Tackling Today’s Classroom Complexities

Brooke Stafford-Brizard and Bror Saxberg

Feb 26, 2019

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Bror Saxberg, Learning Science and Brooke Stafford-Brizard, Whole Child Development at CZI will speak at SXSW EDU 2019 on the connections between classroom practice, learning science, and human development, and why these links are critical to ensuring that students’ education support every aspect of their development.

Repost from SXSW EDU News. Learn more about our work in education on our Whole Child approach and Learning Science.

Education has the potential to look remarkably different. Our increasing knowledge about developing minds, technological advances, and evidence-based approaches to an array of contexts allow us to know more than ever before about what works. But this isn’t always reflected in the classroom.

It’s challenging work to bring leading research to life in learning environments. Classrooms are complex places, and students and teachers bring a variety of unique needs. A whole child approach aims to hold all of these complexities in mind. With it, teachers can create a more harmonious, inclusive, and rigorous place for students while simultaneously navigating everyday challenges.

A whole child approach involves designing and resourcing schools with attention to the complexity and potential behind every individual’s learning and development.

Take, for instance, a student who’s having difficulty mastering variables in algebra. The teacher’s first instinct might be to assume he isn’t grasping the concept. The student might think he can’t do algebra, doesn’t have a sense of belonging in the classroom, or is feeling the stress of adversity. These mindsets and conditions act as barriers and interrupt his ability to focus. Bringing a whole child perspective to the challenge surfaces other potential drivers of difficulty—and with them, practical solutions across multiple dimensions.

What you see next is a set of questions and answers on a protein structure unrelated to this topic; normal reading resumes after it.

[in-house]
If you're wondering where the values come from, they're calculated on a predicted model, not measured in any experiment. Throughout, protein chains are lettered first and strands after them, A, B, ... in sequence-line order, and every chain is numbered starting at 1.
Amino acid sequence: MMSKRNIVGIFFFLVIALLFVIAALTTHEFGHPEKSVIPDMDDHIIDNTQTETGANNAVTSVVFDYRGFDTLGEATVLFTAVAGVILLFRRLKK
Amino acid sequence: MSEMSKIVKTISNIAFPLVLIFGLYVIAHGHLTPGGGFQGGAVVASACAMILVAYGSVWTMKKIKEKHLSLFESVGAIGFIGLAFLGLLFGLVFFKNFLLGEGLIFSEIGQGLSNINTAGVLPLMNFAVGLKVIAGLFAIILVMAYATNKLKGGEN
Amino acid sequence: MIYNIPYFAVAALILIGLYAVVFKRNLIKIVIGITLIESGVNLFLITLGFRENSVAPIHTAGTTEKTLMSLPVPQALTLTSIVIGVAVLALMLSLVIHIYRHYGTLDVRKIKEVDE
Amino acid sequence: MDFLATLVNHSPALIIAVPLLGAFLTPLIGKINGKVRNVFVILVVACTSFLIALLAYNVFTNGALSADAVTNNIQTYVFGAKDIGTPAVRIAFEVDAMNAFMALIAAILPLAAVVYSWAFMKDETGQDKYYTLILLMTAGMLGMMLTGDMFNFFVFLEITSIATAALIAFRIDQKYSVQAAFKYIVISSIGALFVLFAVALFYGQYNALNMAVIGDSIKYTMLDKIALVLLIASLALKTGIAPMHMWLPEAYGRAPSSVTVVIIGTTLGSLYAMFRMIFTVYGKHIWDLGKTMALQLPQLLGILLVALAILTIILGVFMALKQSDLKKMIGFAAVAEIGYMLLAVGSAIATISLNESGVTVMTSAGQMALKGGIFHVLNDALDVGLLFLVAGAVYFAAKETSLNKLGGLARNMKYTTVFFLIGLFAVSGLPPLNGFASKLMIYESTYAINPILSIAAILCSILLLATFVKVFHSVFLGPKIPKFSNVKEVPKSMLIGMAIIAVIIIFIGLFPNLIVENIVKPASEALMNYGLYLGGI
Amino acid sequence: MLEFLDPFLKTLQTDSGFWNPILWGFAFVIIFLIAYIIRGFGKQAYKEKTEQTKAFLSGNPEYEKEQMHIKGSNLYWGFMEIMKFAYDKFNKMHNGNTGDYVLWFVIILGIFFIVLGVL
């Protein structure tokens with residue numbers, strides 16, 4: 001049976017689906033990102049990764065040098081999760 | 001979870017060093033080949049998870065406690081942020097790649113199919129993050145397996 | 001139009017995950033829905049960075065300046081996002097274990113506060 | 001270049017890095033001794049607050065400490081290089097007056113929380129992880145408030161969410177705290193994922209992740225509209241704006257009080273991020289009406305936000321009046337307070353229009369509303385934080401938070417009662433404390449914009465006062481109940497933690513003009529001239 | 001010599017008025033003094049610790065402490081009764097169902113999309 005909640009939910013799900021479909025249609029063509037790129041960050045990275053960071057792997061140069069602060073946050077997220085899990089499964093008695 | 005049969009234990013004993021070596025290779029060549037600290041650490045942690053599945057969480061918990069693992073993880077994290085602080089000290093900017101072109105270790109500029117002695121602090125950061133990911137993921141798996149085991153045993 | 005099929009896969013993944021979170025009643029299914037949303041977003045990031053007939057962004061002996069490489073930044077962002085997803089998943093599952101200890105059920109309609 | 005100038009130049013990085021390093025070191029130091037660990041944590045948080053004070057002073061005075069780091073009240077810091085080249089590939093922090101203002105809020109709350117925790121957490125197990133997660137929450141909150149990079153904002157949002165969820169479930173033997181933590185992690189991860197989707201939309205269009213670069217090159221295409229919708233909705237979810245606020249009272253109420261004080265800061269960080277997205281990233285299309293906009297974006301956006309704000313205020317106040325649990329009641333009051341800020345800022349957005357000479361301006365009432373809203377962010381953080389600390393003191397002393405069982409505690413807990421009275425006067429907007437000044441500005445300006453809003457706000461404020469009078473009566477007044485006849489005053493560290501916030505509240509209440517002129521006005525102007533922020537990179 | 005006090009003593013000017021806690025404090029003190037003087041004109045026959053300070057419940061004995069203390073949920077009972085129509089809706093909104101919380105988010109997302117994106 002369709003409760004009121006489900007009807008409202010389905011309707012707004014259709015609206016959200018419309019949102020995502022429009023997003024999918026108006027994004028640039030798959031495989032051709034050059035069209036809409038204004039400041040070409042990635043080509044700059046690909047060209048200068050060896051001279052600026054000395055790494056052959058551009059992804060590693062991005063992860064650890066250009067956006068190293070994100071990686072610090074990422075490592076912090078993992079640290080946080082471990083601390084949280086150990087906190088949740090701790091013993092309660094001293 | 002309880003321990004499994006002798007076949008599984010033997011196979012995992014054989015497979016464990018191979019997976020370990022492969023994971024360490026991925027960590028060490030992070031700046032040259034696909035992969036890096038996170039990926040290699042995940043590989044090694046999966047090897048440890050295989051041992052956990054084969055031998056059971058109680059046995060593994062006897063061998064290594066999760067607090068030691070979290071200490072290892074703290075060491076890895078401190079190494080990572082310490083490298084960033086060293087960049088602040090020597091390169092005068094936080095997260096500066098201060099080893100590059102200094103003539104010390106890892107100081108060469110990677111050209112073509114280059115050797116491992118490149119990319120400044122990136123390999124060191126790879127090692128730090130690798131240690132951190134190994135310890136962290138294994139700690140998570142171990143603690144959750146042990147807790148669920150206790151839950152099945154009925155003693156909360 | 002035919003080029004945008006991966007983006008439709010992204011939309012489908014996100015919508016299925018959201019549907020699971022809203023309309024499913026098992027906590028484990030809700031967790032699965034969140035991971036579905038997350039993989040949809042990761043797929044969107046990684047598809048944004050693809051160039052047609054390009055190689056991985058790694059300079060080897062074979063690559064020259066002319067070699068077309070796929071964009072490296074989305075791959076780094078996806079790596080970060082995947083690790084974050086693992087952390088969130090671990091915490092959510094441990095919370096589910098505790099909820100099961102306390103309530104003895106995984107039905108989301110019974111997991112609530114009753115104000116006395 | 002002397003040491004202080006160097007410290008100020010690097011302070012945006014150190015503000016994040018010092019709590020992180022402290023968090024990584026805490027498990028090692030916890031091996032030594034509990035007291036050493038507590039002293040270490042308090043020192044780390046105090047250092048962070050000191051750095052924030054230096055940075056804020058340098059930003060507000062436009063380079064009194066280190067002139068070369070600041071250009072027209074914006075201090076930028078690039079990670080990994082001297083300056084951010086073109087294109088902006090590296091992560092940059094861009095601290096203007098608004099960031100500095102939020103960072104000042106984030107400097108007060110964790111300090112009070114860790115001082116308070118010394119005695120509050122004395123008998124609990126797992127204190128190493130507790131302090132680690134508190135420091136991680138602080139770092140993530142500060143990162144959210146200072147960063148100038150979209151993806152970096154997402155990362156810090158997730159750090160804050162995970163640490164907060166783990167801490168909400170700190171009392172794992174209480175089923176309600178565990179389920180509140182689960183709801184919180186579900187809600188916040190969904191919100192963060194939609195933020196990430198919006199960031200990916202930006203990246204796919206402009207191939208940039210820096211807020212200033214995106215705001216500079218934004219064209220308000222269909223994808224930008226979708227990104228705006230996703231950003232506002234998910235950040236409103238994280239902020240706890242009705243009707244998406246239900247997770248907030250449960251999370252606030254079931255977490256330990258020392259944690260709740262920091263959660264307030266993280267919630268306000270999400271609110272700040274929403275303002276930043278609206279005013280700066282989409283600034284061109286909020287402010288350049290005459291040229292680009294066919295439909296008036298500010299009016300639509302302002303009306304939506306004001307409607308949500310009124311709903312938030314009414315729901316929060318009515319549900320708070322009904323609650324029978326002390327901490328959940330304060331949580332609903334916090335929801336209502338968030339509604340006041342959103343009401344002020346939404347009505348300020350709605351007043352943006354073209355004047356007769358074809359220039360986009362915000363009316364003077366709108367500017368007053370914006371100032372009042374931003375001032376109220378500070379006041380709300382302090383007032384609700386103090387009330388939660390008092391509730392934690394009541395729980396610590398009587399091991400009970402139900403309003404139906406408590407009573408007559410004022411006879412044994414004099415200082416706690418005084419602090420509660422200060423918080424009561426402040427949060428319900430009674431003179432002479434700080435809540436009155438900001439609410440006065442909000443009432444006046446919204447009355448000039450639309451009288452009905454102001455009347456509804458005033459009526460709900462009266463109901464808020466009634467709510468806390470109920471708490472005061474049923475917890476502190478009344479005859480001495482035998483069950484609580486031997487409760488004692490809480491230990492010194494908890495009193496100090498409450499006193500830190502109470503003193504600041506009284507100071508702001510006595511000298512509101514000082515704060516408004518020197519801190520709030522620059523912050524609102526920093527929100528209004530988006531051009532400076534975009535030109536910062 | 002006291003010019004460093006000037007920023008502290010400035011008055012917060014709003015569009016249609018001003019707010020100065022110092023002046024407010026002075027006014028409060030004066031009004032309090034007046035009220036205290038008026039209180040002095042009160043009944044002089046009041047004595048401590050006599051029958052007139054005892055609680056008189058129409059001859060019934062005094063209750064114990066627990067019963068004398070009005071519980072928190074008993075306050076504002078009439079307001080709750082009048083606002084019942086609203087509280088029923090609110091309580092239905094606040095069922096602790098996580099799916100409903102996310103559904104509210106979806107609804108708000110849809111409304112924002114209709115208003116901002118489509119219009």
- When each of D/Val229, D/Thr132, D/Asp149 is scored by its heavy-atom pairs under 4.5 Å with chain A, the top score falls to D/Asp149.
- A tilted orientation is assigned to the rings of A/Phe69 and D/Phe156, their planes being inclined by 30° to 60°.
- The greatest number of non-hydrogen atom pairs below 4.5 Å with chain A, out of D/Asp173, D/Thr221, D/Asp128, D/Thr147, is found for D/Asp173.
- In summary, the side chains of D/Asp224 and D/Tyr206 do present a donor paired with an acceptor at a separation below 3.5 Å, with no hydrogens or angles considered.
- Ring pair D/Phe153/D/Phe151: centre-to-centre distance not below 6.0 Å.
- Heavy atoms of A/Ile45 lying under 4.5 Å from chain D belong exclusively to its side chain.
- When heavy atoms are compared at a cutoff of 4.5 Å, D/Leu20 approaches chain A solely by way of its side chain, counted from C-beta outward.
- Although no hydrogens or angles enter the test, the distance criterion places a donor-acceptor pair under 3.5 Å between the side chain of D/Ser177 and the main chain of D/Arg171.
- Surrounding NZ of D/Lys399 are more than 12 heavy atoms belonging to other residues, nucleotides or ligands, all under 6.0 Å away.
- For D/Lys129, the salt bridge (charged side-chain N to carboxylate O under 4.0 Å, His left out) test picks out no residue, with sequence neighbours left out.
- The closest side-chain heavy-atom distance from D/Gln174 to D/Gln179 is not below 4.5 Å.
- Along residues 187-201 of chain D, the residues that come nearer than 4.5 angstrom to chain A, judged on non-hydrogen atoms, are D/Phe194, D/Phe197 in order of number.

Let’s not forget the teacher’s own mind matters, too. How is she managing the stress of supporting the diverse needs of her students? Does she believe certain students really can grow their skills? Has she had enough practice and feedback to master a new teaching practice?

When we broaden the picture, both student and teacher exist in a space where every individual is dealing with his or her separate home life, interests, challenges, and personality. A whole child approach involves designing and resourcing schools with attention to the complexity and potential behind every individual’s learning and development, adult and student.

As education continues to change and surface new opportunities — and demands —  for educators, we need to balance the rigors of research and reality. Then, every young person and teacher can succeed and thrive.

For more on the whole child approach and how it can help solve these challenges, join Brooke Stafford-Brizard and Bror Saxberg at their keynote “Translating Research Into Practice” on March 7 at 2 p.m.